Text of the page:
Study shows strong appetite for ‘broader impacts’ among researchers undermined by skills and knowledge gaps

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Kudos, the award-winning service for accelerating research impact, has announced headline results from a recent study of researchers’ efforts to achieve broader impacts of their research. The project gathered input from researchers, university administrators, funders and others with a role or interest in ensuring that research engages and benefits audiences beyond academia. It was led by Kudos, and sponsored by The International Center for the Study of Research, the American Chemical Society, American Society for Microbiology, Brill Publishers, Karger Publishers and Royal Society of Chemistry. 

The study combined desk research and teleinterviews with a survey of over 10,000 researchers, exploring motivations, responsibilities, target audiences, channels and metrics relating to broader impacts. Key findings include:

·       The majority (95.3% of respondents) want to achieve broader impacts with their work

·       The most frequently cited motivations for wanting to achieve broader impacts were a desire to solve real-world problems (65.8%); to make a difference to others (61.9%); and to improve perceptions of the value of research (53.4%)

·       Approximately half of respondents (50.9%) considered themselves to have primary responsibility for achieving broader impacts, but their continued reliance on academic channels (e.g. scholarly publications, used by 76.3% in this context, and conferences, used by 73.0%) suggest a lack of understanding either of what broader impacts are, or how they are best achieved

·       Almost three quarters of respondents (73.7%) agreed that the growing focus on broader impacts has resulted in more collaboration between the academic and non-academic sectors, with 77.0% saying this is expected or encouraged by their employer and yet 46.9% said they are not given enough support in this area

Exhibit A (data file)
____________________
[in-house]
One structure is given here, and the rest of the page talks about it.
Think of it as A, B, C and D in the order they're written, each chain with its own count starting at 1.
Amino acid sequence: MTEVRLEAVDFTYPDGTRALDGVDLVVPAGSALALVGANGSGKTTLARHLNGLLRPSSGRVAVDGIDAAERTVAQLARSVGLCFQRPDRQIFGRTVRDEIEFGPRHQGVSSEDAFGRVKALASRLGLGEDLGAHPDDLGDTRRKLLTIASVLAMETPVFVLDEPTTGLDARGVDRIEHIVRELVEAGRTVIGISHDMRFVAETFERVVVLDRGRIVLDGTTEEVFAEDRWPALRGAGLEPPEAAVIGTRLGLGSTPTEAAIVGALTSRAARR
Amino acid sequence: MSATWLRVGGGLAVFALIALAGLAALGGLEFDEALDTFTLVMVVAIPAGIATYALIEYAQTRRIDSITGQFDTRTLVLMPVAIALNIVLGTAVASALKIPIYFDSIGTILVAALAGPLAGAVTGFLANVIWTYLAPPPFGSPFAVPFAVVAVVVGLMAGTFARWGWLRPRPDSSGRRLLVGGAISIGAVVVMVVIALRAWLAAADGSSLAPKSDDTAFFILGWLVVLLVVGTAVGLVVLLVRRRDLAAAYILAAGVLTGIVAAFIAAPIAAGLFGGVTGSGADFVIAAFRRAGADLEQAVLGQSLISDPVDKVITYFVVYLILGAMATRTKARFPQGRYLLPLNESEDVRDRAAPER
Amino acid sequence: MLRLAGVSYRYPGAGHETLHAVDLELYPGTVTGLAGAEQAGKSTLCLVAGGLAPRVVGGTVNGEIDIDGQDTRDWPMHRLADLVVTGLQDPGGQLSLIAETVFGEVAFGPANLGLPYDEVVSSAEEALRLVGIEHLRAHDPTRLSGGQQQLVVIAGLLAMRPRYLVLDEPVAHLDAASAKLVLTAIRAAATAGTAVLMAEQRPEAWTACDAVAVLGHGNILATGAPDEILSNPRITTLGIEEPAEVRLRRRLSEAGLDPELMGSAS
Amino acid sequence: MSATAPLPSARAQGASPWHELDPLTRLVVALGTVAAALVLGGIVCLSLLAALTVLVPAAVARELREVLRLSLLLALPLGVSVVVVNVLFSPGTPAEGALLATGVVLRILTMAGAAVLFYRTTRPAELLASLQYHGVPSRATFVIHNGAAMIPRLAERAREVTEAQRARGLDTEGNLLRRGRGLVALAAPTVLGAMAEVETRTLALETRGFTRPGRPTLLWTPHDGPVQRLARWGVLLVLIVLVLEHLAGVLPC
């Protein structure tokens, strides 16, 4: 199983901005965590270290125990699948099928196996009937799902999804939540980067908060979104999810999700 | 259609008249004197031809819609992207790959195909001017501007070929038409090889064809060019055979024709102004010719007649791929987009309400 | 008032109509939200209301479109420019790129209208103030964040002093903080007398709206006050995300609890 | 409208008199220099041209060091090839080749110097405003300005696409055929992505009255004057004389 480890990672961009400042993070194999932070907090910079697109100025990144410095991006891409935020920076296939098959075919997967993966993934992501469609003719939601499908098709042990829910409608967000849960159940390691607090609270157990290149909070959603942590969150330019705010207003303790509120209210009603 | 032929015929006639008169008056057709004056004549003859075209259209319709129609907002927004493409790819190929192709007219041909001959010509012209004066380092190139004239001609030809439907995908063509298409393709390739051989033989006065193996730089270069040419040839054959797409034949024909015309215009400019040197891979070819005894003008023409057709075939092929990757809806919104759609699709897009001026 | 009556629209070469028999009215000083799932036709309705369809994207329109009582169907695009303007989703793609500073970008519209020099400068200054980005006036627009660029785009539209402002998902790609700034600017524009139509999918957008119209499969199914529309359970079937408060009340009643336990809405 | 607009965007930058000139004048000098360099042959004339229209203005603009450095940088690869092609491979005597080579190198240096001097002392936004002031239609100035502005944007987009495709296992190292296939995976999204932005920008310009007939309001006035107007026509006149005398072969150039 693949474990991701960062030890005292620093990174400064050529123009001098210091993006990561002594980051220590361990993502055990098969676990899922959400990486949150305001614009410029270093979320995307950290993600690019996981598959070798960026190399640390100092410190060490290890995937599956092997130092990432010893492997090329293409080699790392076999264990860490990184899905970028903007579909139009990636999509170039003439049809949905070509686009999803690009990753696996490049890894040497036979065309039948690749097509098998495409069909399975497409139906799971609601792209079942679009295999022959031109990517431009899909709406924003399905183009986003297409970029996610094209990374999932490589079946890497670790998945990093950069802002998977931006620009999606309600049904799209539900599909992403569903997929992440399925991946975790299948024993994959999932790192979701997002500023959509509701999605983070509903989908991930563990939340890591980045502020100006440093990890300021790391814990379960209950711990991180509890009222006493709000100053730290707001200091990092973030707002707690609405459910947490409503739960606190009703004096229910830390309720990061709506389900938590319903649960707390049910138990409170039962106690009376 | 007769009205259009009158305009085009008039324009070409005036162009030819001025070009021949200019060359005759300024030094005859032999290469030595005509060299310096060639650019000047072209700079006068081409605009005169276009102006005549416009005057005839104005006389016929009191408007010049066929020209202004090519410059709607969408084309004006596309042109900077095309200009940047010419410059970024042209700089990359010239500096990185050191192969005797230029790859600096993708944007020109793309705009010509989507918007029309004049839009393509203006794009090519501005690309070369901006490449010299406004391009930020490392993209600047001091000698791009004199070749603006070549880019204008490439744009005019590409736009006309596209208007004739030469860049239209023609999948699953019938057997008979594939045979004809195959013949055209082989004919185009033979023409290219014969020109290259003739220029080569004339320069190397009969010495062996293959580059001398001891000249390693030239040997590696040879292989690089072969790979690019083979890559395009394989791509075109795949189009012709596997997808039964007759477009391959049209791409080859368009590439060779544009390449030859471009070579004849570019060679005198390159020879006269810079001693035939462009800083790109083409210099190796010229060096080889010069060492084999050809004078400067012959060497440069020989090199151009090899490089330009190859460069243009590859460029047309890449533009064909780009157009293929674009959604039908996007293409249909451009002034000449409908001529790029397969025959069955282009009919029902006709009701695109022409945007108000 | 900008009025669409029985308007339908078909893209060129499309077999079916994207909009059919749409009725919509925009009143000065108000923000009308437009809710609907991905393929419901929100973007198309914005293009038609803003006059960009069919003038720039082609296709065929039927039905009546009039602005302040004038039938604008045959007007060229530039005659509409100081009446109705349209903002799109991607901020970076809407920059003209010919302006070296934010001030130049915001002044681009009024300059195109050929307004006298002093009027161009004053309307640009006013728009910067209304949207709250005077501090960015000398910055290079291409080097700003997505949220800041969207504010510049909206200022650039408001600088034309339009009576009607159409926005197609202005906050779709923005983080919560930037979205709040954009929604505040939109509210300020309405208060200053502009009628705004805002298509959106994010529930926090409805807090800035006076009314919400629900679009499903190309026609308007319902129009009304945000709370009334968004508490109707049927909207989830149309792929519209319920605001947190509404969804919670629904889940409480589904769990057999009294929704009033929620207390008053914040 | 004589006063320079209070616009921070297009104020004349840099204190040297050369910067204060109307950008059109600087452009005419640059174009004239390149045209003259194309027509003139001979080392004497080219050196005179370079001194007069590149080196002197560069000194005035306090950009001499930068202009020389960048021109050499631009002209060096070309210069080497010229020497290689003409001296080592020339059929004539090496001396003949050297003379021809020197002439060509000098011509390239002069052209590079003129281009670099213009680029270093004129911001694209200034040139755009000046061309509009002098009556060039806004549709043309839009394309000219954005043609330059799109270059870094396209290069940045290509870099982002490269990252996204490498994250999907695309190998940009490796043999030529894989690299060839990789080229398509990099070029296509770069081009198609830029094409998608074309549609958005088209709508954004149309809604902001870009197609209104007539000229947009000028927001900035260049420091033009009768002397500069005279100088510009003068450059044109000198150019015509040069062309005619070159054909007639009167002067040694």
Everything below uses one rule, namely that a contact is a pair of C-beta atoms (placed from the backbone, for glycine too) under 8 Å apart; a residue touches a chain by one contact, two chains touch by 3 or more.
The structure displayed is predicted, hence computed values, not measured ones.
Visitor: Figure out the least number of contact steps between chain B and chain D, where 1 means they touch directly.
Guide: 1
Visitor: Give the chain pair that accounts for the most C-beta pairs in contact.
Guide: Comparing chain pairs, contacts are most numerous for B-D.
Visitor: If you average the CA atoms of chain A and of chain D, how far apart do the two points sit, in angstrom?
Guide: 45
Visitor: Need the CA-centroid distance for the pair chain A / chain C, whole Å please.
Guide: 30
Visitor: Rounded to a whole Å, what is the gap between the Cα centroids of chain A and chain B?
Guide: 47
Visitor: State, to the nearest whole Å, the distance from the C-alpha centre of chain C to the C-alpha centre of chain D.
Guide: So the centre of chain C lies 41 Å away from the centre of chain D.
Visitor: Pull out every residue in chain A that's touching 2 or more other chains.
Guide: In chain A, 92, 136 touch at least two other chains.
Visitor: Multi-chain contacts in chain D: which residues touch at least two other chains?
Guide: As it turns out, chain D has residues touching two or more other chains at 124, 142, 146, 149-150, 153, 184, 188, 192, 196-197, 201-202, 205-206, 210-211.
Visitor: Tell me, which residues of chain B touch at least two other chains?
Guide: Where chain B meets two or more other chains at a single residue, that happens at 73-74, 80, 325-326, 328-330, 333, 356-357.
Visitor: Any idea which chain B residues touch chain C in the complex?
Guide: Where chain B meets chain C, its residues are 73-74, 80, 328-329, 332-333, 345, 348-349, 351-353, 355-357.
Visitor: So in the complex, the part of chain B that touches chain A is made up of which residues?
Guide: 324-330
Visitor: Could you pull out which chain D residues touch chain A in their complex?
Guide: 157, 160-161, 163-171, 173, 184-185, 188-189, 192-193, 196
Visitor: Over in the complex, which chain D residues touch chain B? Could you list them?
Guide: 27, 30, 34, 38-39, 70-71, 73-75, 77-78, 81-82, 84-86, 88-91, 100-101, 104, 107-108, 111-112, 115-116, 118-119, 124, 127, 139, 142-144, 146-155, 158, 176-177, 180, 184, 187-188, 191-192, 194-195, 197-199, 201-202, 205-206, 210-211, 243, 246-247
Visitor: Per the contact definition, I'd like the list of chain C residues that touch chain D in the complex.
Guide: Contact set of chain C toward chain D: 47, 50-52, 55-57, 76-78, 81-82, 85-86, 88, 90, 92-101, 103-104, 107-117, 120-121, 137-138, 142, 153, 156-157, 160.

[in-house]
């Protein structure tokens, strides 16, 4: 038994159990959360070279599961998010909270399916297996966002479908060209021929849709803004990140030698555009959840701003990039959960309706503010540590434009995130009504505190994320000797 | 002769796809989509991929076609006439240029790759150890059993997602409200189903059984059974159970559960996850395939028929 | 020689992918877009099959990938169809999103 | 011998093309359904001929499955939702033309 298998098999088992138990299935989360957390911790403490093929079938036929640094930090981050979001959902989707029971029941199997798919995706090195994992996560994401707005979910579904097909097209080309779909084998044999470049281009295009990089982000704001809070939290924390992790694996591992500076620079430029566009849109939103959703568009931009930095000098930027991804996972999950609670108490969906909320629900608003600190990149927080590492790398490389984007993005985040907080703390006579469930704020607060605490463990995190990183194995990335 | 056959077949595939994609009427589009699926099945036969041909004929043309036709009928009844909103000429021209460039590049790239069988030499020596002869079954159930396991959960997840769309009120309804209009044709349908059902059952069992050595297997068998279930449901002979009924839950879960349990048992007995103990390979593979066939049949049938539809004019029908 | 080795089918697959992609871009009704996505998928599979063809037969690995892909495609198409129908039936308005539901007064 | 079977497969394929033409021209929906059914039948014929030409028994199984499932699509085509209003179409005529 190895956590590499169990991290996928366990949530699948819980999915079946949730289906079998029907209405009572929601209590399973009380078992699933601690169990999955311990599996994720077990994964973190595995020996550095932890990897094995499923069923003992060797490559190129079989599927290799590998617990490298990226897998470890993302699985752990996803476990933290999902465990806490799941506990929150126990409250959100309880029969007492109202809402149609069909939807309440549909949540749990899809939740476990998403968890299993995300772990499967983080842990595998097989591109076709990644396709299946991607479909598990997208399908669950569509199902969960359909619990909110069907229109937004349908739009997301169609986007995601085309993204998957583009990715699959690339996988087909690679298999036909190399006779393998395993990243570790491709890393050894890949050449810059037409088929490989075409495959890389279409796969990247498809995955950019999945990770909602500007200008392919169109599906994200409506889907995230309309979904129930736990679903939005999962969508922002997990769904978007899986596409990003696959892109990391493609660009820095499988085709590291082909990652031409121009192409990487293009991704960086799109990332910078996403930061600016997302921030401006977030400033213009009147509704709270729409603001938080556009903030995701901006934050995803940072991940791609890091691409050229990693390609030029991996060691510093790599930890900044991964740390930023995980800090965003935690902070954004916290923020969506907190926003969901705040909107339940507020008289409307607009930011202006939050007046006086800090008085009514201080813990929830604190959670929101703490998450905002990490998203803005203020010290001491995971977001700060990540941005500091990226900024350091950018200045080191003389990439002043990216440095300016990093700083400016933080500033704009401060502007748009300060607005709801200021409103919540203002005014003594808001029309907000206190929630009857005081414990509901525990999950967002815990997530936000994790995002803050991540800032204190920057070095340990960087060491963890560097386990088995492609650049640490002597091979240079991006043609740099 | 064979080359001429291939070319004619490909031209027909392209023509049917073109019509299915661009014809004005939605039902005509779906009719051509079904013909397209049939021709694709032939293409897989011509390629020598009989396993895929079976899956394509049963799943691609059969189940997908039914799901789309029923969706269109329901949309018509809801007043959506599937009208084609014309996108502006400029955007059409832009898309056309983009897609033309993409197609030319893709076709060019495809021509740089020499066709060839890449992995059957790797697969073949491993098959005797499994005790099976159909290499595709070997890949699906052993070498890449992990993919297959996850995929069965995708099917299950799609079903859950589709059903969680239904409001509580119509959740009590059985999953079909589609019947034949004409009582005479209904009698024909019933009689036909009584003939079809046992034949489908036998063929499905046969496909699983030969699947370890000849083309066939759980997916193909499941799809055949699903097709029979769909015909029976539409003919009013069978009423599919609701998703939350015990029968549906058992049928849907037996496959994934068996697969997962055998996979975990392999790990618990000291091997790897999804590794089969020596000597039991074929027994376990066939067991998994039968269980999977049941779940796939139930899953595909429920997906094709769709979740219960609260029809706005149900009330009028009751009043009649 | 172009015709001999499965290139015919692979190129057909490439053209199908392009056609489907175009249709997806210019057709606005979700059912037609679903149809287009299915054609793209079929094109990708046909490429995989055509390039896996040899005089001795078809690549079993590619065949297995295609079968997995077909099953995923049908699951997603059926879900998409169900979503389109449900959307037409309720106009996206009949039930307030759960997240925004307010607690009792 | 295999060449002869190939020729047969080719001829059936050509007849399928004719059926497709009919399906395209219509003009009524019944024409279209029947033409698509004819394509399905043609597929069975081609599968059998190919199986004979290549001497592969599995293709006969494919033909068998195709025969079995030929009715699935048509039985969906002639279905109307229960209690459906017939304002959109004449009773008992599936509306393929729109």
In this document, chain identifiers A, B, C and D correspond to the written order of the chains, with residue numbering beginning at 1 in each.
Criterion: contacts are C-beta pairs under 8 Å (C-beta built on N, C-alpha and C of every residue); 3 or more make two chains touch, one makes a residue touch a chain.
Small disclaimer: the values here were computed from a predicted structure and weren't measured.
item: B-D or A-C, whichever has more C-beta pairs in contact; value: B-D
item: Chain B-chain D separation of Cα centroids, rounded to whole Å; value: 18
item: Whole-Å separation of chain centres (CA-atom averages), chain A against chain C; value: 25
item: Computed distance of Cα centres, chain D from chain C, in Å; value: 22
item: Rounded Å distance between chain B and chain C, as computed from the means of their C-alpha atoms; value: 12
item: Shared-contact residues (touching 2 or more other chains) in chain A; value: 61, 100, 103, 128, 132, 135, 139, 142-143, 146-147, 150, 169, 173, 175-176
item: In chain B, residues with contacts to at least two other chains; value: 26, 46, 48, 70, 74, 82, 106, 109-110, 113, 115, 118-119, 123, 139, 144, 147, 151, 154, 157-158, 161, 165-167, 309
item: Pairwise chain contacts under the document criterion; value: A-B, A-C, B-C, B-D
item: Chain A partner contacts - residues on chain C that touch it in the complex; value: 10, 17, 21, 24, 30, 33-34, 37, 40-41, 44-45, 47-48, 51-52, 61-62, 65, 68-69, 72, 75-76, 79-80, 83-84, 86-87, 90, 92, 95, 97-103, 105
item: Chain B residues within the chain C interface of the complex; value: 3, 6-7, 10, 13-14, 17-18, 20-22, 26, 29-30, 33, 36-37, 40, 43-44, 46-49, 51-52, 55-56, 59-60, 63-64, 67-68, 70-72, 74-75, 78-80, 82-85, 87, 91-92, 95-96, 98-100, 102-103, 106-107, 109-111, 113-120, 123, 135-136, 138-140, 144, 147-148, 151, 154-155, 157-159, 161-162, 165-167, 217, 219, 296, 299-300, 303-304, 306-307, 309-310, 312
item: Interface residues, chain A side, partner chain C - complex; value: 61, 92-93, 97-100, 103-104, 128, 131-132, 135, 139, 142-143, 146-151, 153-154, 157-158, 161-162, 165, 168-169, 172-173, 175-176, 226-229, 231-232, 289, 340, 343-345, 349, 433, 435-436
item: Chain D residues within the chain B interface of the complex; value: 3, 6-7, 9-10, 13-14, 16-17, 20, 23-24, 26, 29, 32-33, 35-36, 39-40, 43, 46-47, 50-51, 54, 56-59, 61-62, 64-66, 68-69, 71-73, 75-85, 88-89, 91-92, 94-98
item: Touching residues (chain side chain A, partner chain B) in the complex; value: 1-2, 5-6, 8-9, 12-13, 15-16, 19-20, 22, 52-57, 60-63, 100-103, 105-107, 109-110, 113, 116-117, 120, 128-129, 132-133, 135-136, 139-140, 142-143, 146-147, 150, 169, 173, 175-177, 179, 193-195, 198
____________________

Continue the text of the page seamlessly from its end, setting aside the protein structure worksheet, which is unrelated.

·       Only 41.3% of respondents considered that the metrics, indicators or narratives used by their employer to evaluate their broader impacts are fit for purpose, with 26.9% considered that current metrics actively discourage collaboration with researchers in non-academic sectors.

“Although researchers recognize the value of broader impacts, on a practical level they are constrained from taking the necessary steps to achieve them,” commented Melinda Kenneway, CEO of Kudos. “There is a knowledge and skills gap at the individual level, and a lack of resource at the institutional level for understanding and exploiting the full impact potential of individual research projects. This study has identified several opportunities for new services and initiatives that would enable not only institutions, but also publishers, societies and other related organizations, to better support the development of broader impacts.”More information, and a free summary of the research, is available here.